Merits of Christ.—Satisfaction is not the only object and value of Christ’s theandric operations and sufferings; for these, beside placating God, also benefit man in several ways. They possess, in the first place, the power of impetration or intercession which is proper to prayer, according to John, xi, 42: “And I knew that thou hearest me always.” However, as satisfaction is the main factor of Redemption with regard to God‘s honor, so man’s restoration is due principally to the merits of Christ. That merit, or the quality which makes human acts worthy of a reward at the hands of another, attaches to the works of the Redeemer, is apparent from the easily ascertained presence in them of the usual conditions of merit, namely (I) the wayfarer state (John, i, 14); (2) moral liberty (John, x, 18); (3) conformity to the ethical standard (John, viii, 29); and (4) Divine promise (Is., liii, 10). Christ merited for Himself, not indeed grace nor essential glory which were both attached and due to the Hypostatic Union, but accidental honor (Heb., ii, 9) and the exaltation of His name (Phil., ii, 9-10). He also merited for us. Such Biblical phrases as to receive “of his fulness” (John, i, 16), to be blessed with His blessings (Eph., i, 3), to be made alive in Him (I Cor., xv, 22), to owe Him our eternal salvation (Heb., v, 9) clearly imply a communication from Him to us and that at least by way of merit. The Council of Florence [Decretum pro Jacobitis, Denzinger-Bannwart, n. 711 (602)] credits man’s deliverance from the domination of Satan to the merit of the Mediator, and the Council of Trent (Seas. V, cc. iii, vii, xvi and canons iii, x) repeatedly connects the merits of Christ and the development of our supernatural life in its various phases. Canon iii of Session V says anathema to whoever claims that original sin is cancelled otherwise than by the merits of one Mediator, Our Lord Jesus Christ, and canon x of Session VI defines that man cannot merit without the justice through which Christ merited our justification.
The objects of Christ’s merits for us are the super-natural gifts lost by sin, that is, grace (John, i, 14, 16) and salvation (I Cor., xv, 22); the preternatural gifts enjoyed by our first parents in the state of innocence are not, at least in this world, restored by the merits of Redemption, as Christ wishes us to suffer with Him in order that we maybe glorified with Him (Rom., viii, 17). St. Thomas, explaining how Christ’s merits pass on to us, says: Christ merits for others as other men in the state of grace merit for themselves (III, Q. xlviii, a. 1). With us merits are essentially personal. Not so with Christ who, being the head of our race (Eph., iv, 15; v, 23), has, on that score, the unique prerogative of communicating to the subordinate personal members the Divine life whose source He is. “The same motion of the Holy Ghost“, says Schwalm, “which impels us individually through the various stages of grace toward life eternal, impels Christ but as the leader of all; and so the same law of efficacious Divine motion governs the individuality of our merits and the universality of Christ’s merits” (Le Christ, 422). It is true that the Redeemer associates others to Himself “For the perfecting of the saints, for the edifying of the body of Christ” (Eph., iv, 12), but their subordinate merit is only a matter of fitness and creates no right, whereas Christ, on the sole ground of His dignity and mission, can claim for us a participation in His Divine privileges.
All admit, in Christ’s meritorious actions, a moral influence moving God to confer on us the grace through which we merit. Is that influence merely moral or does it effectively concur in the production of grace? From such passages as Luke, vi, 19, “virtue went out from him”, the Greek Fathers insist much on the Greek: dunamis zoopoios, or vis vivifica, of the Sacred Humanity, and St. Thomas (III, Q. xlviii, a. 6) speaks of a sort of e, cientia whereby the actions and passions of Christ, as vehicle of the Divine power, cause grace by way of instrumental force. Those two modes of action do not exclude each other: the same act or set of acts of Christ may be and probably is endowed with twofold efficiency, meritorious on account of Christ’s personal dignity, dynamic on account of His investment with Divine power.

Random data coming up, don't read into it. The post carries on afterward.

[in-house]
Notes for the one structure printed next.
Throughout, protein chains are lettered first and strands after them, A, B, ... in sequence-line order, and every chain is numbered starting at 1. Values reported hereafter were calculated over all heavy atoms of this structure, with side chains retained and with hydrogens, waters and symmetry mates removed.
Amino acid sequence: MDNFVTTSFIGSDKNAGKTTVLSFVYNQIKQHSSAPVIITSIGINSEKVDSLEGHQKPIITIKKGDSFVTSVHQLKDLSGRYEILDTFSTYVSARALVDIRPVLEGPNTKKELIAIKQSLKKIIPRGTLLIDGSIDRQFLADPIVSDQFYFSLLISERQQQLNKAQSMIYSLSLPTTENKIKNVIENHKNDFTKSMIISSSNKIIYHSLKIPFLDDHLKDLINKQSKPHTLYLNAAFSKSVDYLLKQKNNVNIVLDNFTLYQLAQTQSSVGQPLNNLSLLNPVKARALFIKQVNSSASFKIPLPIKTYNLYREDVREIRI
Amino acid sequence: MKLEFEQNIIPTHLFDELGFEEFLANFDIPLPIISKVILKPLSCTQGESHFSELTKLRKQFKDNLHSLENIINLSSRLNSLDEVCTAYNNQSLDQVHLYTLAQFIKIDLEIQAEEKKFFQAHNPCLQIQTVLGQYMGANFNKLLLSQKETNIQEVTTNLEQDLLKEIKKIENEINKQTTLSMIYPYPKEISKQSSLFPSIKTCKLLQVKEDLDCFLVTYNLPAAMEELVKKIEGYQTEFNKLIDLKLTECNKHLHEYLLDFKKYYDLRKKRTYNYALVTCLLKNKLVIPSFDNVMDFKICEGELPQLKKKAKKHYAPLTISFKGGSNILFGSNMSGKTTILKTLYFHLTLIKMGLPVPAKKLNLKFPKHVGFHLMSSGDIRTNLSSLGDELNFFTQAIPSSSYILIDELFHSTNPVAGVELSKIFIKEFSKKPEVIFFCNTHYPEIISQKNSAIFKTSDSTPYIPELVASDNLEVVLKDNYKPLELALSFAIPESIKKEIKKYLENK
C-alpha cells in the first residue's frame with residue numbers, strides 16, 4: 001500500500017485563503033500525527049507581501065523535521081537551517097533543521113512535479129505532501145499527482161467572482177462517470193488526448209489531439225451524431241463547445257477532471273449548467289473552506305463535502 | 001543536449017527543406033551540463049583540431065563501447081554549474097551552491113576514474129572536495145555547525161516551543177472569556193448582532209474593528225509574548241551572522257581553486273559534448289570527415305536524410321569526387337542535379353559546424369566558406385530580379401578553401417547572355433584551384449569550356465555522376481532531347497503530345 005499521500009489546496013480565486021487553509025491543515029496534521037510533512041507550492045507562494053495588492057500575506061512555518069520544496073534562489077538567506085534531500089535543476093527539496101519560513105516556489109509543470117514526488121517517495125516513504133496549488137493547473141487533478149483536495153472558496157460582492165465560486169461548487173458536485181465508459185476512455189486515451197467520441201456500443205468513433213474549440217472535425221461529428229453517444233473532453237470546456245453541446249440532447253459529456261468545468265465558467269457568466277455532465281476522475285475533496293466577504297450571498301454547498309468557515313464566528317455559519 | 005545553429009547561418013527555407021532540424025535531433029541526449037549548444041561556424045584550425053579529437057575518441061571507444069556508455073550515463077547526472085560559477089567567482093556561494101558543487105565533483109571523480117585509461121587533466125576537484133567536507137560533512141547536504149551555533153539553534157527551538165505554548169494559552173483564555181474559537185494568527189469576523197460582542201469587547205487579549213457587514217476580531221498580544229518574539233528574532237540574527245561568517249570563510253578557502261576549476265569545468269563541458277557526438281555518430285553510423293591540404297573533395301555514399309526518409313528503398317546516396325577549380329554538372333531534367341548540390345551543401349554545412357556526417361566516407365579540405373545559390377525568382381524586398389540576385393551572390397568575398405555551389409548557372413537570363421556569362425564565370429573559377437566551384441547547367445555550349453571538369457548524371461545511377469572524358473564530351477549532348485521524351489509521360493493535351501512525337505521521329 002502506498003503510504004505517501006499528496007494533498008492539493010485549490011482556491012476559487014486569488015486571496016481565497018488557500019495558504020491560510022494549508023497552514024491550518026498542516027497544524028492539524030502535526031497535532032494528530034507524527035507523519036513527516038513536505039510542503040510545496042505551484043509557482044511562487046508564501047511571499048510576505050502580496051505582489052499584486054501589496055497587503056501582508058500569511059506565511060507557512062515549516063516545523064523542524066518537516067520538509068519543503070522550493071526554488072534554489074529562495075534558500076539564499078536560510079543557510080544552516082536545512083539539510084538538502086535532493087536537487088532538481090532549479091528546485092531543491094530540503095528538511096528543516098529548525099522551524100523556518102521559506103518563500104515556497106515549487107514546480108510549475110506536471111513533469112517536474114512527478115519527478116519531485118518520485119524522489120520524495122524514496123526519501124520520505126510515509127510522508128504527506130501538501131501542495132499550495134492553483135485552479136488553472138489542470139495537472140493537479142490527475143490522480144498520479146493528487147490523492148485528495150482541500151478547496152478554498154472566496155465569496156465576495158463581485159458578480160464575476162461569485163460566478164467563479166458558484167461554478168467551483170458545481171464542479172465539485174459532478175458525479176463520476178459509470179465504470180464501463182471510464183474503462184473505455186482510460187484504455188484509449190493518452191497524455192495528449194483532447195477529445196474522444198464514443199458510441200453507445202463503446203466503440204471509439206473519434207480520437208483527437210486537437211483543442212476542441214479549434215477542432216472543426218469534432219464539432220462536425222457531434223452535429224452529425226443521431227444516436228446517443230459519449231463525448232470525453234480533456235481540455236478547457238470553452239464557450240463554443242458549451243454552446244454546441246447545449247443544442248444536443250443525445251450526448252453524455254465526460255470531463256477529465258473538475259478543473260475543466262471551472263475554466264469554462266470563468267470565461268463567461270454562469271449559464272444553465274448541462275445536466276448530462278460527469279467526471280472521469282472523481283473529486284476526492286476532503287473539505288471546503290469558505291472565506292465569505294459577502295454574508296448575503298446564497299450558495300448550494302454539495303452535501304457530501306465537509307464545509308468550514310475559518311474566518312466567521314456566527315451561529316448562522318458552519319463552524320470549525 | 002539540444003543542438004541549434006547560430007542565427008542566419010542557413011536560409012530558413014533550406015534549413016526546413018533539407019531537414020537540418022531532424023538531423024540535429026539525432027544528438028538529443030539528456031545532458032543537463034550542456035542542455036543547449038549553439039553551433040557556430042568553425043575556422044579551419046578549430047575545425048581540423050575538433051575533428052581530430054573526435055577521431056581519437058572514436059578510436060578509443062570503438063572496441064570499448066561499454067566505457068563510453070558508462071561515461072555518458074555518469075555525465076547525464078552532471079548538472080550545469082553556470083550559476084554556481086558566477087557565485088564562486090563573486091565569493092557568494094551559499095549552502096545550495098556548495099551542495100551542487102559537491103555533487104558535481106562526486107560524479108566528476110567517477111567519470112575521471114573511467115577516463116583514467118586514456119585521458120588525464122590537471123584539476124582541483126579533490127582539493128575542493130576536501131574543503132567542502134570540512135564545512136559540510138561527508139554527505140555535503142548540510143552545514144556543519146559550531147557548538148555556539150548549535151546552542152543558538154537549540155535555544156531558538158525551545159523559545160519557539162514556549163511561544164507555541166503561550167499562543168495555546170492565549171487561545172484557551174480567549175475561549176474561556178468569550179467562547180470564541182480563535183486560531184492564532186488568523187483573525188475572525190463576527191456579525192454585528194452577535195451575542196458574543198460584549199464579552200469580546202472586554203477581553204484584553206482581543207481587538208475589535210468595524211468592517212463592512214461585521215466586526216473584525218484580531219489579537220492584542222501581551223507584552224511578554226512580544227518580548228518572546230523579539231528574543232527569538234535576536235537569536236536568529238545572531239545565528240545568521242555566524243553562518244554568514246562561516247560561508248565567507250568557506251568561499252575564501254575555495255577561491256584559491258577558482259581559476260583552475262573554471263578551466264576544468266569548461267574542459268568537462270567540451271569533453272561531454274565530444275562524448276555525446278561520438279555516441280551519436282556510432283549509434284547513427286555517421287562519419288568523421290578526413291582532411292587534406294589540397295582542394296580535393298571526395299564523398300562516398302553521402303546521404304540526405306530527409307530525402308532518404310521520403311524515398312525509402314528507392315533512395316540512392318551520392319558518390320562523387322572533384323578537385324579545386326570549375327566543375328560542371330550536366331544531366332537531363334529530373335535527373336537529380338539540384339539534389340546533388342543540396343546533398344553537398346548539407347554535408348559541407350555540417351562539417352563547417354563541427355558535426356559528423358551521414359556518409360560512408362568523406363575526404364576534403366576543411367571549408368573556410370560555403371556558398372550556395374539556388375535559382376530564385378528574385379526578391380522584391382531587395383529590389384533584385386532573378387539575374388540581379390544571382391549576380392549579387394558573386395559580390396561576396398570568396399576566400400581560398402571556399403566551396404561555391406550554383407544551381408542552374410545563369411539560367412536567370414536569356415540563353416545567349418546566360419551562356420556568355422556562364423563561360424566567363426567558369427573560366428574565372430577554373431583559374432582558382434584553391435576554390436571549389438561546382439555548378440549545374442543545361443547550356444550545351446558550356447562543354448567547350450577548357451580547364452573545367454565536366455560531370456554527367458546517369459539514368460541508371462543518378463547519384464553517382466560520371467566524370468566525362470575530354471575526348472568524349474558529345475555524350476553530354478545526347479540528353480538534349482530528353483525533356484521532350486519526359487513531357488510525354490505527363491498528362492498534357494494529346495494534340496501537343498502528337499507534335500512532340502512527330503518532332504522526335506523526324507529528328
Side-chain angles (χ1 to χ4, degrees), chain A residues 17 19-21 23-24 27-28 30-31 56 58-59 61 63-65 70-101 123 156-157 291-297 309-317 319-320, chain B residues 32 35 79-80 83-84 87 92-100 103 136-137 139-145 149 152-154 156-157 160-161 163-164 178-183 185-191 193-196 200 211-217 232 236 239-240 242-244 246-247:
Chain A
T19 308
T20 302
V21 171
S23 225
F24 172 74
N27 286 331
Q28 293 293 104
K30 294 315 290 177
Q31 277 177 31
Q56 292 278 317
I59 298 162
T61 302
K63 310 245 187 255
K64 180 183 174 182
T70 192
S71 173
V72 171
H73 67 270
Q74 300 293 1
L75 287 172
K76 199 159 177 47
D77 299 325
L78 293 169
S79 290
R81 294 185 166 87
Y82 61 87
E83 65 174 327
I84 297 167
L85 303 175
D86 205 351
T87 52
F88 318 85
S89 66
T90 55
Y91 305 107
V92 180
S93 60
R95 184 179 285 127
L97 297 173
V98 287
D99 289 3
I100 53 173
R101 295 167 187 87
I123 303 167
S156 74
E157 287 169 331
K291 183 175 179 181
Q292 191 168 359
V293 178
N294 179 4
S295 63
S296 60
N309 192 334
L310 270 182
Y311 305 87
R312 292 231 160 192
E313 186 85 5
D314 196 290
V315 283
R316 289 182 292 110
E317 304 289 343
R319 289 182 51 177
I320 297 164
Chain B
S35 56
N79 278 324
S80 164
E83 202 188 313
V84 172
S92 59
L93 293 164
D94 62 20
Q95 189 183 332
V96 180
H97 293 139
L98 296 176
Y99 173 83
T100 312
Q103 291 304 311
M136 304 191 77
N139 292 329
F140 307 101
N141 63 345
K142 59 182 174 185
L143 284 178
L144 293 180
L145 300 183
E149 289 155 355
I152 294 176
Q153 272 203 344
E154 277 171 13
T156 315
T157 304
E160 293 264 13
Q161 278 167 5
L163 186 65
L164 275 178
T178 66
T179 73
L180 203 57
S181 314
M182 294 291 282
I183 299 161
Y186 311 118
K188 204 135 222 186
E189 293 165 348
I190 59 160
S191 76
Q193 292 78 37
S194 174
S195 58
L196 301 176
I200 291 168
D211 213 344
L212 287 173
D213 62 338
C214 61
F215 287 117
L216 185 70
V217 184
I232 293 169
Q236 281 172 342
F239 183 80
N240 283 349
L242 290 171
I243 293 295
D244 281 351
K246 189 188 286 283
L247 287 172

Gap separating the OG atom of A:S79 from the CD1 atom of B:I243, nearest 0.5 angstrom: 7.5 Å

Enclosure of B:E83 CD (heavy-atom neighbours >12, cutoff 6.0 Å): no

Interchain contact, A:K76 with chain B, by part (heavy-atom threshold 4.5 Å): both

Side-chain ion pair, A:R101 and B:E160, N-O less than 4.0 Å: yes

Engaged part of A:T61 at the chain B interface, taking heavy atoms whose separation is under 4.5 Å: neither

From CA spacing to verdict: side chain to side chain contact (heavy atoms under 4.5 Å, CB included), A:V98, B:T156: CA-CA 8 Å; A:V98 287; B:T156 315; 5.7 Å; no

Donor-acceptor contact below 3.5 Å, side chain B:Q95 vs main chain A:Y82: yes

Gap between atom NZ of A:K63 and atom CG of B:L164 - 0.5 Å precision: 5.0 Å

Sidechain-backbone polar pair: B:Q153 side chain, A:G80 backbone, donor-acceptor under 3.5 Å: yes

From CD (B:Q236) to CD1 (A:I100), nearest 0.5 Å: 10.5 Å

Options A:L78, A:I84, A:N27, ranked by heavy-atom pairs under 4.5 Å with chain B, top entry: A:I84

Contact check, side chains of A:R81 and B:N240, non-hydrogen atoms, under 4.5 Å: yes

Adequacy of Redemption.—Redemption is styled by the “Catechism of the Council of Trent” (I, v, 15) “complete, integral in all points, perfect and truly admirable”. Such is the teaching of St. Paul: “where sin abounded, grace did more abound” (Rom., v, 20), that is, evil as the effects of sin are, they are more than compensated by the fruits of Redemption. Commenting on that passage St. Chrysostom (Horn. X in Rom., in P.G., LX, 477) compares our liability to a drop of water and Christ’s payment to the vast ocean. The true reason for the adequacy and even superabundance of Redemption is given by St. Cyril of Alexandria: “One died for all… but there was in that one more value than in all men together, more even than in the whole creation, for, beside being a perfect man, He remained the only son of God (Quod unus sit Christus, in P.G., LXXV, 1356). St. Anselm (Cur Deus homo, II, xviii) is probably the first writer who used the word “infinite” in connection with the value of Redemption: “ut sufficere possit ad solvendum quod pro peccatis totius mundi debetur et plus in infinitum”. This way of speaking was strongly opposed by John Duns Scotus and his school on the double plea that the Humanity of Christ is finite and that the qualification of infinite would make all Christ’s actions equal and place each of them on the same level with His sublime surrender in the Garden and on Calvary. However the word and the idea passed into current theology and were even officially adopted by Clement VI (Extravag. Corn. Unigenitus, V, ix, 2), the reason given by the latter, “propter unionem ad Verbum”, being the identical one adduced by the Fathers.